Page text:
Archive for the ‘Mid-Term’ Category


Something I have come to realise is that homesickness manifests itself in more than one way. For one girl it is a never ending stream of colds and depression. For another it is lack-lustre and not wanting to do anything at all. Other cry their eyes out and walk around like zombies all day. For me however, it is none of the above. It is manifesting itself in irritation or frustration at a whole variety of things.

My first major irritation is learning to work with Japanese people. I have a lot of Japanese friends, and I enjoy spending time with them, but when it comes to group projects they have away of working which is very different to the way I’m used to working. A month or two ago I would have tried to be more understanding of our “cultural differences”, but right now it is pure irritation. One time I arrived at a final meeting to discuss a group presentation but even though we had decided everything that needed to be organised, such as research typed up on USB drives etc, they all came to the second meeting unprepared, with all the research in Japanese (rather than Japanese and English as agreed) and printed out rather than some kind on some kind of media. But worst of all, they had had their own private meetings (which we had not been involved with or invited to) where they had decided numerous and large changes to the schedule.

In Japanese business society, meetings are only a formality and you do not actually discuss or decide anything new that has not been discussed in private beforehand. But in America and Europe, the whole point of meetings is that they are a time for everyone to get together to discuss the various viewpoints and ideas as a team. It was annoying because although 2 or 3 of us had worked really hard, some of the research we did became worthless. Anyway, I’m not saying that the changes they made were all bad, I just wish they knew how to work more as a team. It is precisely this kind of stuff that I would normally tolerate which is really getting to me.

Its all the little things – like when I received my “mojito” the other night, I was given something that honestly resembled cress soup, so small and so few were the leaves of mint! And it seems that no matter what you order in a restaurant, the base flavour is ALWAYS soy sauce! (Joy, Jenny and I had an amazing meal at Outback Steakhouse involving ribs, Caesar salad, a blooming onion and baked potatoes!)

I miss home, my family and friends, London, properly filling hearty food, Colman’s mustard smothered bacon sarnies, ribena, being able to buy shoes, hearing peoples frank opinions rather than what they should say to protect the social harmony, bars where you can just chill out on sofas, night buses… too many things to mention. This week is really the first time that its hit me.

I guess its true what they say about 3rd month blues.

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Good things that have happened recently:

Went to a free food tasting event for the Ministry of Forestry, Fisheries and Agriculture of Japan, where I was presented with an array of about 30 different types of Japans finest exportable goods. It was slightly scary when they interviewed me and took about a thousand photos, and having to explain why the food was good/bad in Japanese but I got paid 3000 yen (£18) for my gaijin opinion on whether things were good enough to be exported to Britain-land, not to mention all the free samples and goodies I got given, and the added bonus of not needing to cook dinner that night!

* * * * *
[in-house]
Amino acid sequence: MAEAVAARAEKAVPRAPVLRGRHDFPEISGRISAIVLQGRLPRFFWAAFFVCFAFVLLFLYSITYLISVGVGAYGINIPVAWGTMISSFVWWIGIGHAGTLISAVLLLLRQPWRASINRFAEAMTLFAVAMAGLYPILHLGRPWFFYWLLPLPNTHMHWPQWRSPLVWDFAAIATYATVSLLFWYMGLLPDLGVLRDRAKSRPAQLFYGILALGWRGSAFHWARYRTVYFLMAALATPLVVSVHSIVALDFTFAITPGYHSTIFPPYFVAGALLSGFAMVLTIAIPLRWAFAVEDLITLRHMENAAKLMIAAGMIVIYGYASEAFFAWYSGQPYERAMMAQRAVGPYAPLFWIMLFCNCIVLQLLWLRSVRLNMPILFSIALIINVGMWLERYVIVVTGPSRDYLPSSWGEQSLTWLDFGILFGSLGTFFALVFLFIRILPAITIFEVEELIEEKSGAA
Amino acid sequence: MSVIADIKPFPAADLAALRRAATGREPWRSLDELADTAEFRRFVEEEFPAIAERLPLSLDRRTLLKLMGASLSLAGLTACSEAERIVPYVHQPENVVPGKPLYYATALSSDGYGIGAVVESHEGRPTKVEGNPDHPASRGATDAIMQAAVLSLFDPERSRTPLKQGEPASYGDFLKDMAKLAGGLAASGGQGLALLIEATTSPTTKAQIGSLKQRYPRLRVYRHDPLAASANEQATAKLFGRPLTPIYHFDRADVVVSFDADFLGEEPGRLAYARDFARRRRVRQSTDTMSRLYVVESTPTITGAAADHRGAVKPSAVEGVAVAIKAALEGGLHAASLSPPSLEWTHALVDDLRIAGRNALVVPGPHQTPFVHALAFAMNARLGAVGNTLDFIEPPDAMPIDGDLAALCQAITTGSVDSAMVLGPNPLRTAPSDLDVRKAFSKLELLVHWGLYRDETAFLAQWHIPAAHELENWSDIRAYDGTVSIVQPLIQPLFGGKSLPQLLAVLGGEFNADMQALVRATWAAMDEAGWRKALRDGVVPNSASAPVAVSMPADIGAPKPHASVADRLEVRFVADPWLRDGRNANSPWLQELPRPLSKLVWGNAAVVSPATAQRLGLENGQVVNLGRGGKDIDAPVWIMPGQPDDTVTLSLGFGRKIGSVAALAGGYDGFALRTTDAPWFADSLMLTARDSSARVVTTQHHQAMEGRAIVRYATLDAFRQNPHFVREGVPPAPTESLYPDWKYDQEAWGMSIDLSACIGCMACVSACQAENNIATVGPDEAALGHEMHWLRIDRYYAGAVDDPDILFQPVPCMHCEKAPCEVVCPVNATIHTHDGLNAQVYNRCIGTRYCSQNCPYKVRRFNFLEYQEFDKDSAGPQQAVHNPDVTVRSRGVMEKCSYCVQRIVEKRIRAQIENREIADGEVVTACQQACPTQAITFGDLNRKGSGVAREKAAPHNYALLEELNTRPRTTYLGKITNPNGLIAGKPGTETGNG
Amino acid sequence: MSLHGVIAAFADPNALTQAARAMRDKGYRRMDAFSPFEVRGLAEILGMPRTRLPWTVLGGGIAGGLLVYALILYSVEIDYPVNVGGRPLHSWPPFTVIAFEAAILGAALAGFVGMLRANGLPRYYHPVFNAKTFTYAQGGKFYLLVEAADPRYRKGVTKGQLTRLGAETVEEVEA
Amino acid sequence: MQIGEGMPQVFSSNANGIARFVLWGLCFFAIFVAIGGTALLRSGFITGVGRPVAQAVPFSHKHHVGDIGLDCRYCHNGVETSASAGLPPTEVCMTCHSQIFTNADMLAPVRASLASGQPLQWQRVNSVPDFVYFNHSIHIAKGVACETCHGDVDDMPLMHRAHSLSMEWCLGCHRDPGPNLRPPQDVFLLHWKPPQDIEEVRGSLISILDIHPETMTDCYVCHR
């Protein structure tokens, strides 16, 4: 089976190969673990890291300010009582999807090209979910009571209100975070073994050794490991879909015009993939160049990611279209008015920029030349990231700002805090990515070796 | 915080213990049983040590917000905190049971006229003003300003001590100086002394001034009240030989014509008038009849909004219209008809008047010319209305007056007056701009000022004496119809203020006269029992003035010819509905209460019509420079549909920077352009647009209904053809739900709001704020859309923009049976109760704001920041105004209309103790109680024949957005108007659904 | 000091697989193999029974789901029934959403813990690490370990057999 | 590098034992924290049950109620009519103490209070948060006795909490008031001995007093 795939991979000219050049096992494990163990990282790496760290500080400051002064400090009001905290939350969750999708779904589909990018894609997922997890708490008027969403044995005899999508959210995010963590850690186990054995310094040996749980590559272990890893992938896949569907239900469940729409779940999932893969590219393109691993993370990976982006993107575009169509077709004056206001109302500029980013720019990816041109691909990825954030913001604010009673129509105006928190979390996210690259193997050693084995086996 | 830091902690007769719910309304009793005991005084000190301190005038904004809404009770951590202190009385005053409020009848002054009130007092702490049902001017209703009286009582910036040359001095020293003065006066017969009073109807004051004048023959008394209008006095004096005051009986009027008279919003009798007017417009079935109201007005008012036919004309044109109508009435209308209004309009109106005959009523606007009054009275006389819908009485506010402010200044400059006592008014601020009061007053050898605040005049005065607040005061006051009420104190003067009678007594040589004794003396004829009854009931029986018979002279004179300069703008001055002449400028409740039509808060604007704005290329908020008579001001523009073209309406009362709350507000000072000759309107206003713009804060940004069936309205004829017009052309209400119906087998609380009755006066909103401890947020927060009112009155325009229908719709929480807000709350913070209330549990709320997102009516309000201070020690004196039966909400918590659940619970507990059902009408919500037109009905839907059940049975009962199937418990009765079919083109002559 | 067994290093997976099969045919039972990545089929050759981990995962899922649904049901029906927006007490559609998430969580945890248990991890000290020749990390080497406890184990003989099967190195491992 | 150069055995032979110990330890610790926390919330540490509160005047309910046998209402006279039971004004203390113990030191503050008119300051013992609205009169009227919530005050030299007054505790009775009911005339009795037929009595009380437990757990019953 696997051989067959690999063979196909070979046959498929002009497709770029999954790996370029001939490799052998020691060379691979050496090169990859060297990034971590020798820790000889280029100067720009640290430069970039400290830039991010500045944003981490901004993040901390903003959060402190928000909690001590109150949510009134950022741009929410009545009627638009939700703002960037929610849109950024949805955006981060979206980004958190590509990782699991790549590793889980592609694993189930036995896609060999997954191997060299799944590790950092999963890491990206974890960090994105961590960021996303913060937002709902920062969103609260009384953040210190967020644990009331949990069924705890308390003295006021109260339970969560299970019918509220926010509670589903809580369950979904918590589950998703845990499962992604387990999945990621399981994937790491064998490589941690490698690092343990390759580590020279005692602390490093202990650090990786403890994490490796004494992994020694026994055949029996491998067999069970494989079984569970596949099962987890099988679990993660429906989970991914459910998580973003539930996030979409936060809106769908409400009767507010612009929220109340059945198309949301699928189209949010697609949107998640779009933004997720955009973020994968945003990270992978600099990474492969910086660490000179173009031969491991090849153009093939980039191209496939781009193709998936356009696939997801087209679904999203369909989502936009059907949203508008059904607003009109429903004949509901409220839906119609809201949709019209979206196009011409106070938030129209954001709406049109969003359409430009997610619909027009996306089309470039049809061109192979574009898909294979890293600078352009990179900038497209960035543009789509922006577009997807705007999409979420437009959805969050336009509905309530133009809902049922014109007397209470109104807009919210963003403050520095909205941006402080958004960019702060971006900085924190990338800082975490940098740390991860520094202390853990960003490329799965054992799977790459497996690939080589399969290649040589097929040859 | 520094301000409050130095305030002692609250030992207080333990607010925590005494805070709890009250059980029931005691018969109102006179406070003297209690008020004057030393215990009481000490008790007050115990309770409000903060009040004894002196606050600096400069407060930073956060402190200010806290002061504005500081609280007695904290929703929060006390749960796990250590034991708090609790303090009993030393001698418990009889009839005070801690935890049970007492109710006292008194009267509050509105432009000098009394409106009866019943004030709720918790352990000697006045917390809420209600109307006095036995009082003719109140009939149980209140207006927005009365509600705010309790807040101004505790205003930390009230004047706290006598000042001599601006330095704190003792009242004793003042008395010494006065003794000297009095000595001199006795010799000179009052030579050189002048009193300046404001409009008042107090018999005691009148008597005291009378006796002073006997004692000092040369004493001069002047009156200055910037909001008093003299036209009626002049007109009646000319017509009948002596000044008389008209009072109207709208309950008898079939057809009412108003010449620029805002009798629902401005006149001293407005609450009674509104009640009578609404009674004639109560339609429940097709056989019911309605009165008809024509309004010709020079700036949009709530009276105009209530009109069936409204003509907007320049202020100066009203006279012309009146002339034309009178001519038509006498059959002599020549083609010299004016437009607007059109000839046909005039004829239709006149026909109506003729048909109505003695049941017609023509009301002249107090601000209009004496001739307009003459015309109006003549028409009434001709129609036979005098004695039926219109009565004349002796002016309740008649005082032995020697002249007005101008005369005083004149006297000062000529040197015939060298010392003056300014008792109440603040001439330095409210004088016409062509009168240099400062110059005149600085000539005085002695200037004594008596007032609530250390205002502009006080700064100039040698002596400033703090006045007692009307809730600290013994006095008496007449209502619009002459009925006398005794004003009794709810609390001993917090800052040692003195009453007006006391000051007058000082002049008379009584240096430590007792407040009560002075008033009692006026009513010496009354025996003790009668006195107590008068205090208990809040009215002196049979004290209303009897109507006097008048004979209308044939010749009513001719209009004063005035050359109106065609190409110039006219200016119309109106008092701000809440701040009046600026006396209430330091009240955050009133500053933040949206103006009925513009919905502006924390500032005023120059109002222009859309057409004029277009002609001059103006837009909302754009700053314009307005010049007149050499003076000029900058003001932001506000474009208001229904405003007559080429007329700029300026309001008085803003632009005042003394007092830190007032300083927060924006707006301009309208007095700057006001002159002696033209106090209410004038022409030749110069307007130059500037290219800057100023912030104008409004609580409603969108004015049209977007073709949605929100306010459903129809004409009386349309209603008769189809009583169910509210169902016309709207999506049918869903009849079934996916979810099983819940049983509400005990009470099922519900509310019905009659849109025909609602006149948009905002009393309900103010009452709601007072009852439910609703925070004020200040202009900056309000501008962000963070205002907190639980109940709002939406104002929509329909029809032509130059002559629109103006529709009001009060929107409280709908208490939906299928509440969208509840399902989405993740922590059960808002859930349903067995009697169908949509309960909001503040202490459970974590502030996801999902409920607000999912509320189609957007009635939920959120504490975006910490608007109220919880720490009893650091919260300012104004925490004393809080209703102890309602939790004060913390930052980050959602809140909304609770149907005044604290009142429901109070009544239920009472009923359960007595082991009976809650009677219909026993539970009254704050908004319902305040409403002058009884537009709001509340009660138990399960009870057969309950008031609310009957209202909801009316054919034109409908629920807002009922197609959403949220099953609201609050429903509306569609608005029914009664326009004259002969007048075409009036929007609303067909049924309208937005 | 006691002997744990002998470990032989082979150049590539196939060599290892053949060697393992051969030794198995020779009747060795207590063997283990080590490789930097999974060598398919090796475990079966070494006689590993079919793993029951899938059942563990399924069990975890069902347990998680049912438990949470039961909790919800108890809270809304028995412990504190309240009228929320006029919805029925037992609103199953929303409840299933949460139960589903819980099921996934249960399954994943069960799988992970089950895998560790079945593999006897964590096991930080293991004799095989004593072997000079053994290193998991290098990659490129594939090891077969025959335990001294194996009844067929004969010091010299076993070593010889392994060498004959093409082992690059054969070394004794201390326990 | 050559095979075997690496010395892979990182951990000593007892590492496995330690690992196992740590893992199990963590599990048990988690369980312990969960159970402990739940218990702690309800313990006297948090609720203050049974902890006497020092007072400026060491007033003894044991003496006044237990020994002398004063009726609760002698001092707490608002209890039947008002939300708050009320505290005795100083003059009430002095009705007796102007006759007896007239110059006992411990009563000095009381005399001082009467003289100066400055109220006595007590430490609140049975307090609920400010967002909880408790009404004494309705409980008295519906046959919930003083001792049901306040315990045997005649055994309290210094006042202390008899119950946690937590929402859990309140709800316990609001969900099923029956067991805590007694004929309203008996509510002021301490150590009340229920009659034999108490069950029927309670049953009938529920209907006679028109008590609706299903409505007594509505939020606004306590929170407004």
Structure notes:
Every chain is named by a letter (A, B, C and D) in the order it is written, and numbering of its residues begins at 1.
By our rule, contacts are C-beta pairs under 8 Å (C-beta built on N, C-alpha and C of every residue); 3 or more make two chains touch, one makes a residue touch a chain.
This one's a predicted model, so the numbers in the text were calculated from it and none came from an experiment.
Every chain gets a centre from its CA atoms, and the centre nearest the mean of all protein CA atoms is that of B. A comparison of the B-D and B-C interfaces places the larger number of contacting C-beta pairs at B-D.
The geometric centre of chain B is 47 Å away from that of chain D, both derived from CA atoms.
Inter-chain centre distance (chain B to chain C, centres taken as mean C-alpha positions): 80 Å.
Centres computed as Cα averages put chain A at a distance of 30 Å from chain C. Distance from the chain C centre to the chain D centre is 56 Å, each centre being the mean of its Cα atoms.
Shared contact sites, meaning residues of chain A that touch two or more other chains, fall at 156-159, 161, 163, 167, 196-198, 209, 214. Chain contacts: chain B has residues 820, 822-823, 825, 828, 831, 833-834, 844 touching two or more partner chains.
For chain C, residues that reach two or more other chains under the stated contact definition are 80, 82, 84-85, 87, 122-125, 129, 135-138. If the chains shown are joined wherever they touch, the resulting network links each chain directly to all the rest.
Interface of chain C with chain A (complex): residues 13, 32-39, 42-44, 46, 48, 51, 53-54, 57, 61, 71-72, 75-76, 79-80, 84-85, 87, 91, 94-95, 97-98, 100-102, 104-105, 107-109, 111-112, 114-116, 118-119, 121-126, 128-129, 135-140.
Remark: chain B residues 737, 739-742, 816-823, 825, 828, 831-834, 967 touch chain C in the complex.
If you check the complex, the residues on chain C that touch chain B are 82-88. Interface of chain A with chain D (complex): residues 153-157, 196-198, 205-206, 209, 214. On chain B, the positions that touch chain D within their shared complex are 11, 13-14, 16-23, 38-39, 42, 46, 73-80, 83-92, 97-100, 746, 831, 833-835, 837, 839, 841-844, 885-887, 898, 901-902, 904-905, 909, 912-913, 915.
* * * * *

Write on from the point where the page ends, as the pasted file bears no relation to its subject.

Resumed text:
I found the illusive 100yen Lawson shop. This is going to revolutionise my life. Almost everything is 100yen and you can buy everything from vegetables and meat to batteries and stationary. And its open 24hrs! Its the ultimate student budget shop!

Planning to go to Osaka this weekend to see もみじ – all the autumnal colours of the changing leaves. Really excited as I’ve never been to Osaka before and as there are 7 of us going then hopefully it should be a fun time!

Bad things that have happened recently:

My teacher adding “improvements” to my woodblock print and making it look bad 😦 Somehow I couldn’t find the words to say “Please stop you are ruining it!”

Doing a role-play of working at McDonalds* in class. I am not learning Japanese so that I can get a McJob! My aspirations run a little higher!  The worst part was that it was right before lunch!

Getting my phone bill…

(*On a vaguely related note, McDonalds in Japan are a taste sensation. No, really. When you get one, the burger is HOT rather than soggy and luke warm, and always actually tastes like meat may have been involved in its production at some point! They also have burgers like the teriyaki burger, the king prawn fillet burger, and the ultimate Mega Mac which is made from FOUR BURGERS. Its like the burger that all other burgers want to be when they grow up.)

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My expensive big toe

I went to a clinic today to check out my toe and after a few X-rays, it turns out that it is in fact fractured. Had a very amusing time trying to communicate with the doctor and nurses using a lot of sign language and very very broken Japanese! I was trying to explain how it happened, but the more I tried to explain it, the more ridiculous it sounded. Luckily, the nurse who put on a mini-removable-cast-cap-thing on the toe in question had a good sense of humour, so we joked about me hobbling around and not being able to wear heels, and the perils of late night karaoke sessions.